27 Sep
Days adrift.  Click here to see our best and worst experiences so far.
Number of flights.  Click here to go to the itinerary page.
Bus, train and taxi rides.  Click here to see all posts relating to transport. (56 posts)
Miles walked.  Click here to see all posts relating to walking and trekking. (43 posts)
Countries visited.  Click here to see what we think of them. (14 posts)
Number of species spotted.  Click here to go to our wildlife page.
Photos taken.  Click here to go to the photo gallery. (102 posts)
Rainy days.  Click here to find posts relating to the weather. (50 posts)
Number of times scammed.  Click here to read all about it!  (2 posts)
Otters spotted.  Click here to go to our website about otters: amblonyx.com
...two travellers in search of the world's wildlife

19 November 2022

Old, old wine

Thursday 3 November

We took a break from hiking today and even had a lazy start, not getting out of bed until almost 9:00am. Leisurely breakfast included more amazing Cypriot yogurt which is just a lush way to start any day.

The church in Lofou

Then we went for a stroll around Lofou village itself. It’s probably the prettiest we’ve seen on the island (update: it was the prettiest village we found) with a charming church, little back alleys including one with the tiniest micro-brewery ever and another with an ancient olive press, and plenty of steps and slopes so you can always find a view overlooking the rest of the village. It was very quiet until we got to the very centre, the only street with a couple of tavernas and shops, and then suddenly we found ourselves in the middle of fifty-odd tourists queuing for coffees and hanging around chatting. The morning tour groups had arrived! We left them to it.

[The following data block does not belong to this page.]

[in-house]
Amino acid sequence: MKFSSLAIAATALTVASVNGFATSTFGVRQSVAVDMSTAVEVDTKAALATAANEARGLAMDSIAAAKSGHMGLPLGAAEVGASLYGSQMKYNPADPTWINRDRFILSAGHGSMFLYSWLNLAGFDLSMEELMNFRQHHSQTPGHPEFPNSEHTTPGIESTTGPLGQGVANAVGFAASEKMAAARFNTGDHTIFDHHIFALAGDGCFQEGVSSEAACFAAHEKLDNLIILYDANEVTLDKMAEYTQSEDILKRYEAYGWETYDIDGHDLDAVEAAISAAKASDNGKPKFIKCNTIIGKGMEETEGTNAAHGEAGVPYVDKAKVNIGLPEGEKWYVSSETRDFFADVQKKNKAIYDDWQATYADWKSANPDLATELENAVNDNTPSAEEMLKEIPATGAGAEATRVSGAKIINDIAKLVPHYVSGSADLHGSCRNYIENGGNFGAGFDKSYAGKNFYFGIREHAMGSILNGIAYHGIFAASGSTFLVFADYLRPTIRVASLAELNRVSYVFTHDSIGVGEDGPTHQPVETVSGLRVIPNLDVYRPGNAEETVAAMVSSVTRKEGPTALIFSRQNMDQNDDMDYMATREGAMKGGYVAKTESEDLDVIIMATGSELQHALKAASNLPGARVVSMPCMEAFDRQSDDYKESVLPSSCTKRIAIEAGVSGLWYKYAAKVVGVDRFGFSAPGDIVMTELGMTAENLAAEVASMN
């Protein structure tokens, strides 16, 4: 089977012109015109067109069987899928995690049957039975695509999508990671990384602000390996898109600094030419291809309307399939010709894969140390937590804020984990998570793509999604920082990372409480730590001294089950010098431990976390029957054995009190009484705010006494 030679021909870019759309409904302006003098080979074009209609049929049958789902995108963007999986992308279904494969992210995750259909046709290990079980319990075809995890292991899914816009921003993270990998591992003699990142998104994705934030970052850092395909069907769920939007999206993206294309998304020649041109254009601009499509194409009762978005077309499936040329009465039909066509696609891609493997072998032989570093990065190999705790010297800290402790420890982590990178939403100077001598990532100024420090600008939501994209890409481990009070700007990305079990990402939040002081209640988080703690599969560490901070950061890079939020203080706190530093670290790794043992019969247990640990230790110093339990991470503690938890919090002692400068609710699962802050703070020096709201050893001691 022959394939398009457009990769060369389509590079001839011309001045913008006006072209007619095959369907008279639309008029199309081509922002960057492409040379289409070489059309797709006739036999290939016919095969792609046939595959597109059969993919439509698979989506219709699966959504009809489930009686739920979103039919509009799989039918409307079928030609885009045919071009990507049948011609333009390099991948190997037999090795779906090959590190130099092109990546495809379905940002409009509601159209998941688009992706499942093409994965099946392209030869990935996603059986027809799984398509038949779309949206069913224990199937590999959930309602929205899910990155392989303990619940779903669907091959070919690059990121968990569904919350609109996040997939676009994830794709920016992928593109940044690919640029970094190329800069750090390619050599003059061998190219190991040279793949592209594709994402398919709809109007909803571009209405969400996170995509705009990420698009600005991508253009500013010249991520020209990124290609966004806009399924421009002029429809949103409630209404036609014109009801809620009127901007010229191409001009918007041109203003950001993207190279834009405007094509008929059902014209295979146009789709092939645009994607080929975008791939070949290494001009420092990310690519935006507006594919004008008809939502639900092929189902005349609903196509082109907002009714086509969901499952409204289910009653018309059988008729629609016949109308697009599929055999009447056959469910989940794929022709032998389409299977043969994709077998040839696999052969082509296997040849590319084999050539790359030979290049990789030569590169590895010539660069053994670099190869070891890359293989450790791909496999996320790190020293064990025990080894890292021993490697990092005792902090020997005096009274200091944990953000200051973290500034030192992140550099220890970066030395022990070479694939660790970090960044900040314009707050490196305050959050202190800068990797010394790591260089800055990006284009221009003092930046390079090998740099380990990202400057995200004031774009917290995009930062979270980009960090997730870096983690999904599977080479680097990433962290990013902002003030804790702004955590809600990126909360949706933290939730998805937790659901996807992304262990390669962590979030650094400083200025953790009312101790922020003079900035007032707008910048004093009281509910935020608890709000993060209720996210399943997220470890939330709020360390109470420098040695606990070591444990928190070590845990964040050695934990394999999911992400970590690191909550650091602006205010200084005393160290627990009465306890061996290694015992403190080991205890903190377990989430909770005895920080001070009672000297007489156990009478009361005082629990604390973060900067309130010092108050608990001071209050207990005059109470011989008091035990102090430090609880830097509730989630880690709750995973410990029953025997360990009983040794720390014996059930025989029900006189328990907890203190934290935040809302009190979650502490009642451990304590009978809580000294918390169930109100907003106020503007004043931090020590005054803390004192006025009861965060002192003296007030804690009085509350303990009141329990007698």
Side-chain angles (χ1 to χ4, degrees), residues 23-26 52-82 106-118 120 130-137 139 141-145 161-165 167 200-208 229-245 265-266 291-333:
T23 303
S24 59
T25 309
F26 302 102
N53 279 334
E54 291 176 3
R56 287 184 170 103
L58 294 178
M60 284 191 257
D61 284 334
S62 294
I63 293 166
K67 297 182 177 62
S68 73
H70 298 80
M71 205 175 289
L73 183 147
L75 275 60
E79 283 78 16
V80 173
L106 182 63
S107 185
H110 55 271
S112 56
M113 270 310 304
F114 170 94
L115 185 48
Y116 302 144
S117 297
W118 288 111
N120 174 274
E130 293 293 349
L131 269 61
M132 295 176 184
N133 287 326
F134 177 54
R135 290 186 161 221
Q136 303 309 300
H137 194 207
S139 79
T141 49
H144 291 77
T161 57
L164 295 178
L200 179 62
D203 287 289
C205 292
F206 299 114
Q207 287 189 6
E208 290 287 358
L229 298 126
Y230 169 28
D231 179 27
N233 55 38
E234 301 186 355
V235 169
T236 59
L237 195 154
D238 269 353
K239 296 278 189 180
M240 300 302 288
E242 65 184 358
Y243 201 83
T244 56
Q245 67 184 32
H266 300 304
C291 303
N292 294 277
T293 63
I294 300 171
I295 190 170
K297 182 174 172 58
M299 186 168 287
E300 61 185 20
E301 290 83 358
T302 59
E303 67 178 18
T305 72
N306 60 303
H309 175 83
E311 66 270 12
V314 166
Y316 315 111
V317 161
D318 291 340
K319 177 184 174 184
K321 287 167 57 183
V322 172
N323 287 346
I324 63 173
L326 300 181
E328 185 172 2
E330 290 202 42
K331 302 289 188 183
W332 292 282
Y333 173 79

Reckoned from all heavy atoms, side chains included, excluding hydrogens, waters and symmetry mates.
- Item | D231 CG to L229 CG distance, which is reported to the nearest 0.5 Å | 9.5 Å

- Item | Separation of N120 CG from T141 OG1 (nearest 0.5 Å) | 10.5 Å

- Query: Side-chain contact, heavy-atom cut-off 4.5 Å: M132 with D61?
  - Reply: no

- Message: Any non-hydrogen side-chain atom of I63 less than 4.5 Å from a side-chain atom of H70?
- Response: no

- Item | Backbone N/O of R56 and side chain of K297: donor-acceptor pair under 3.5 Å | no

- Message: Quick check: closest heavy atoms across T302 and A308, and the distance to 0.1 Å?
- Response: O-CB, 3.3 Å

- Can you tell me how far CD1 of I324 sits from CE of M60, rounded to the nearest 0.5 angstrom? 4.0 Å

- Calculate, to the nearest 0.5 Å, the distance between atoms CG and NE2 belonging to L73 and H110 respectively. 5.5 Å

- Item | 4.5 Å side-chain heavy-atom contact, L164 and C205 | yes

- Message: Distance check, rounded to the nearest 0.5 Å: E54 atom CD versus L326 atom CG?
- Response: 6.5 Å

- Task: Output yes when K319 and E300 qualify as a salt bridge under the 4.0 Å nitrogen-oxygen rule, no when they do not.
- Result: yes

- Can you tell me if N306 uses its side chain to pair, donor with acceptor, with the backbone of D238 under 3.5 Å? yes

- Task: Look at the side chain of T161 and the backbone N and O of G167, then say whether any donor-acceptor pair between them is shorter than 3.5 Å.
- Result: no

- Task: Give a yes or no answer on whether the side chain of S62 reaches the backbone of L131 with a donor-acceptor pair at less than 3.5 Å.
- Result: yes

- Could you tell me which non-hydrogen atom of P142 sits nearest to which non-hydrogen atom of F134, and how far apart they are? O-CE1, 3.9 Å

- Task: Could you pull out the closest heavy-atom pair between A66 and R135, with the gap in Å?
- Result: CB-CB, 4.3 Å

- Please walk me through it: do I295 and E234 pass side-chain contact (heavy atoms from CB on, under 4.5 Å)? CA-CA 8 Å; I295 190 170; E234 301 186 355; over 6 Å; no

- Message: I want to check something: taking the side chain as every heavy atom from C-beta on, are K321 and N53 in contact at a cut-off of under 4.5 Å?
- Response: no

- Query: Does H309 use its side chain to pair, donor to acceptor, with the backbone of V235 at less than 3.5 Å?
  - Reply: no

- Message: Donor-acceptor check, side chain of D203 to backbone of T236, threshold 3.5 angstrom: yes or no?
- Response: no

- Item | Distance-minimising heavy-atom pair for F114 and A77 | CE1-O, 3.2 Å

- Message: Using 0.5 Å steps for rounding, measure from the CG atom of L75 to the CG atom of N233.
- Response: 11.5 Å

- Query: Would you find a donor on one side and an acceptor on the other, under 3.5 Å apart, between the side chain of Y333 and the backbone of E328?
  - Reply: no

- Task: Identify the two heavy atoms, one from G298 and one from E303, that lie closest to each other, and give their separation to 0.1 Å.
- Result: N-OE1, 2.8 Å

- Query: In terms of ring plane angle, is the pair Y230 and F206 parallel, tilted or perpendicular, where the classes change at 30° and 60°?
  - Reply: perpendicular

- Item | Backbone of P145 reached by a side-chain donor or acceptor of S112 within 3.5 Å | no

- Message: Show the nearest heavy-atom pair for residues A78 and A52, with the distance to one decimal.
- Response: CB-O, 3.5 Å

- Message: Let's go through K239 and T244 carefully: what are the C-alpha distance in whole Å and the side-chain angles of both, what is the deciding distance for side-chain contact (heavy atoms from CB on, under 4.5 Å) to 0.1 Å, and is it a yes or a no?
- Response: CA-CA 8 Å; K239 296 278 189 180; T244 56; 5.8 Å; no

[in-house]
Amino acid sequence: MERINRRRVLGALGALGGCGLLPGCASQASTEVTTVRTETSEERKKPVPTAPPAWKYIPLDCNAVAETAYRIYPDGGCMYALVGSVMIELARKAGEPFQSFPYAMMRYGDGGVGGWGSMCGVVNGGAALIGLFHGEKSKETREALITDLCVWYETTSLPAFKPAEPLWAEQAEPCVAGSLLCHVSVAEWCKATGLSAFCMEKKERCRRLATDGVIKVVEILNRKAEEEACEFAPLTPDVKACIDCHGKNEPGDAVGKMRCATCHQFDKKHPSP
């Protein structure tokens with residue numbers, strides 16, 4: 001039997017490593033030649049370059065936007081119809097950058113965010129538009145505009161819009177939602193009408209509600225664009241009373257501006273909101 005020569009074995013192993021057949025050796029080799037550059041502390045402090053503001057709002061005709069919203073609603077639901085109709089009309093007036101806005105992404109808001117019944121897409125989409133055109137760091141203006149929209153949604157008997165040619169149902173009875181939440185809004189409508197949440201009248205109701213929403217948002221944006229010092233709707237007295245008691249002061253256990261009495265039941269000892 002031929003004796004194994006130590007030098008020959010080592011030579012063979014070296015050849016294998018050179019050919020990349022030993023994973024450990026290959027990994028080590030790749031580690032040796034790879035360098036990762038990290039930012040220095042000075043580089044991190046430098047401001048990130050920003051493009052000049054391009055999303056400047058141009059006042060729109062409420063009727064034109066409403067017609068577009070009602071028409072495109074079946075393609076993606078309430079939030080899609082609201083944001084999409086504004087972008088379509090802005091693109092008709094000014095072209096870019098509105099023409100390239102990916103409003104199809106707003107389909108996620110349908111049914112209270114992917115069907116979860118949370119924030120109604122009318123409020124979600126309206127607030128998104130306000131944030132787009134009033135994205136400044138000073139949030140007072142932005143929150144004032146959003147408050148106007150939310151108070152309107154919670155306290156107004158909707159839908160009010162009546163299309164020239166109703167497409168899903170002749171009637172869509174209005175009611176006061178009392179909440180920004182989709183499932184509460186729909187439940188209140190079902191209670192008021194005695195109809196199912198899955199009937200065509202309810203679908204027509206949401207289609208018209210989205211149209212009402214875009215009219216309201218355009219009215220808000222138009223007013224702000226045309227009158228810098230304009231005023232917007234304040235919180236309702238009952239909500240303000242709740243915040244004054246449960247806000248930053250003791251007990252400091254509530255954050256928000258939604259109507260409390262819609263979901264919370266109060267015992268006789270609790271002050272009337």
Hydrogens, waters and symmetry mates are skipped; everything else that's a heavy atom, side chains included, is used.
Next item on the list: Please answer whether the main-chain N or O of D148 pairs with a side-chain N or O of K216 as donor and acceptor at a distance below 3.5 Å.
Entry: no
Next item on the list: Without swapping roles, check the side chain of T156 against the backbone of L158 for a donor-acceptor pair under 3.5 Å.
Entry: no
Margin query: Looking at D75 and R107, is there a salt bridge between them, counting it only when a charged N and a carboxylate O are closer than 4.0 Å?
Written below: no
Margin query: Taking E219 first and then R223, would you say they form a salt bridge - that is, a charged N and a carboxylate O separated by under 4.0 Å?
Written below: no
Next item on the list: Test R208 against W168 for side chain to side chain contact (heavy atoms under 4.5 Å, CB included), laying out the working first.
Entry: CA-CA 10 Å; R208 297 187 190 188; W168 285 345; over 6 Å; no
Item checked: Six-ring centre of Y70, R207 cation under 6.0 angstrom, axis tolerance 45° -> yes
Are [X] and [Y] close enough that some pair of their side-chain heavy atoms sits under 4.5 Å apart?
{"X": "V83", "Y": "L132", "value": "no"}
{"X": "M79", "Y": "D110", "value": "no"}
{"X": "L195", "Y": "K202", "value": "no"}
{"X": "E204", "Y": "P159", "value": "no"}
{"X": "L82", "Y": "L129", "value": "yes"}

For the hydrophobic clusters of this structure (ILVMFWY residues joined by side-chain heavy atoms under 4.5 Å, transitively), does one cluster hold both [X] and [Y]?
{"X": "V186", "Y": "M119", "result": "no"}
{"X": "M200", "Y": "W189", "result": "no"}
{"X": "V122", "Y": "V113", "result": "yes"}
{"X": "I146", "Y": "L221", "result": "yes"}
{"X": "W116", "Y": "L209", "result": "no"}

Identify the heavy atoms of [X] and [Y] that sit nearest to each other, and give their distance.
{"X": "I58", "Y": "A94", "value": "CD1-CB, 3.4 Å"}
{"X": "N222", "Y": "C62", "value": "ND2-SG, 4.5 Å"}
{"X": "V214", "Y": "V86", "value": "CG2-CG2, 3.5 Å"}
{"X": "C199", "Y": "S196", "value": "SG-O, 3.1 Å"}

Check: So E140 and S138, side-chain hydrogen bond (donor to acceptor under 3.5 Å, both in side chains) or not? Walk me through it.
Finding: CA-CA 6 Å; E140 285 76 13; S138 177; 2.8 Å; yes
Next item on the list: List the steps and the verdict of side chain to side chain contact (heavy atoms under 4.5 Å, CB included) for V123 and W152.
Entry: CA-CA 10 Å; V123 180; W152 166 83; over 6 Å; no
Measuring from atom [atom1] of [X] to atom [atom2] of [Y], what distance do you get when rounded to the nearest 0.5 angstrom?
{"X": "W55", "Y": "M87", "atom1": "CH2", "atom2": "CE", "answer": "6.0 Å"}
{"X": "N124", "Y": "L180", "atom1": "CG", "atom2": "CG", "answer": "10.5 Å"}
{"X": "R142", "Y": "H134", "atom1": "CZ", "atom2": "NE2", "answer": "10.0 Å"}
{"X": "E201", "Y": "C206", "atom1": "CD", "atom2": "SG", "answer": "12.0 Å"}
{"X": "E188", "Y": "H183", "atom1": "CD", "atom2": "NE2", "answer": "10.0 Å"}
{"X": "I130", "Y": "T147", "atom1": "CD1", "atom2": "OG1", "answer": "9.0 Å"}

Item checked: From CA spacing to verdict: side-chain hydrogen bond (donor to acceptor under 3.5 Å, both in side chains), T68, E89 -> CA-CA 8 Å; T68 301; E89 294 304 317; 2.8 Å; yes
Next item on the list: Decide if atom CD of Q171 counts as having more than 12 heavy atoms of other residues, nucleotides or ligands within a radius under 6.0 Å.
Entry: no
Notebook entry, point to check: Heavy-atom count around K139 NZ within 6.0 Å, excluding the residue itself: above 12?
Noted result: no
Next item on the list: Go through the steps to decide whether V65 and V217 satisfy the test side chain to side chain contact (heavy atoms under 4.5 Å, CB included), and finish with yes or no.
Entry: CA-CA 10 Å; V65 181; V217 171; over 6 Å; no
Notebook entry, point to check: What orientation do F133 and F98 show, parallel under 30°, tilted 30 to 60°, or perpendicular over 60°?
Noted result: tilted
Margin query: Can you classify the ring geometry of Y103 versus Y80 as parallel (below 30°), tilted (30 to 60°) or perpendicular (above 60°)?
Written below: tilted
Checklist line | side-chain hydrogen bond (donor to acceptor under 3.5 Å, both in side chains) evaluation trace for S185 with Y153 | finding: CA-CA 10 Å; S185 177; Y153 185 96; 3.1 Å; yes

Instead we went out for a rambling drive through the Commandaria wine route. Commandaria is one of the oldest named wine regions in the world, winning international exports and competitions since the 12th century. It’s an oxidised wine which means it is sweet and keeps for donkey’s years.

In the funky cellar of Karseras Commandaria winery

We stopped at two different wineries for a taste, Menargos and Karseras, and I can report the wine ranges from light and marmalady to dark and Christmassy. The wineries are tiny concerns and the wine pretty much never leaves the island these days. Even though they all offer free tastings, we insisted on giving them a few euros because we wouldn’t be buying a bottle (hand luggage only!).

We followed the wine route as far as Zoopigi, not because there was anything special there, just because it’s the best name for a village ever. It’s actually a nice little village hugging a steep hillside. Needing a drink we stopped down the hill for coffee at a proper roadside old-man cafe (you know, where the only customers are old men and the occasional workman). Three euros for a coffee, a Coke and a packet of crisps was a nice reminder of just how much mark-up all the tourist restaurants and cafes put on things!

We zipped down to the coast to end our day exploring Kourion, one of the great archaeological sites of Cyprus. This was a city from early Greek times right through Roman and into the Byzantine period, before being abandoned for Limassol along the coast. I enjoy pottering among ancient ruins, even when they are mostly foundation-level, reading the signboards and trying to imagine how it must once have been. There were some very fine mosaics and an impeccable hexagonal bath.

Kourion as the sun heads for the western sea

We drove back as the sun set and decided that we would just carry on eating at Apokryfo for the remainder of our stay. It was another feast, the highlight this time being the cake at the end: an amazing and moist walnut cake with a superb flavour and chunks of beautiful sticky green walnut embedded all through it.

Ancient Kourion

Leave a Reply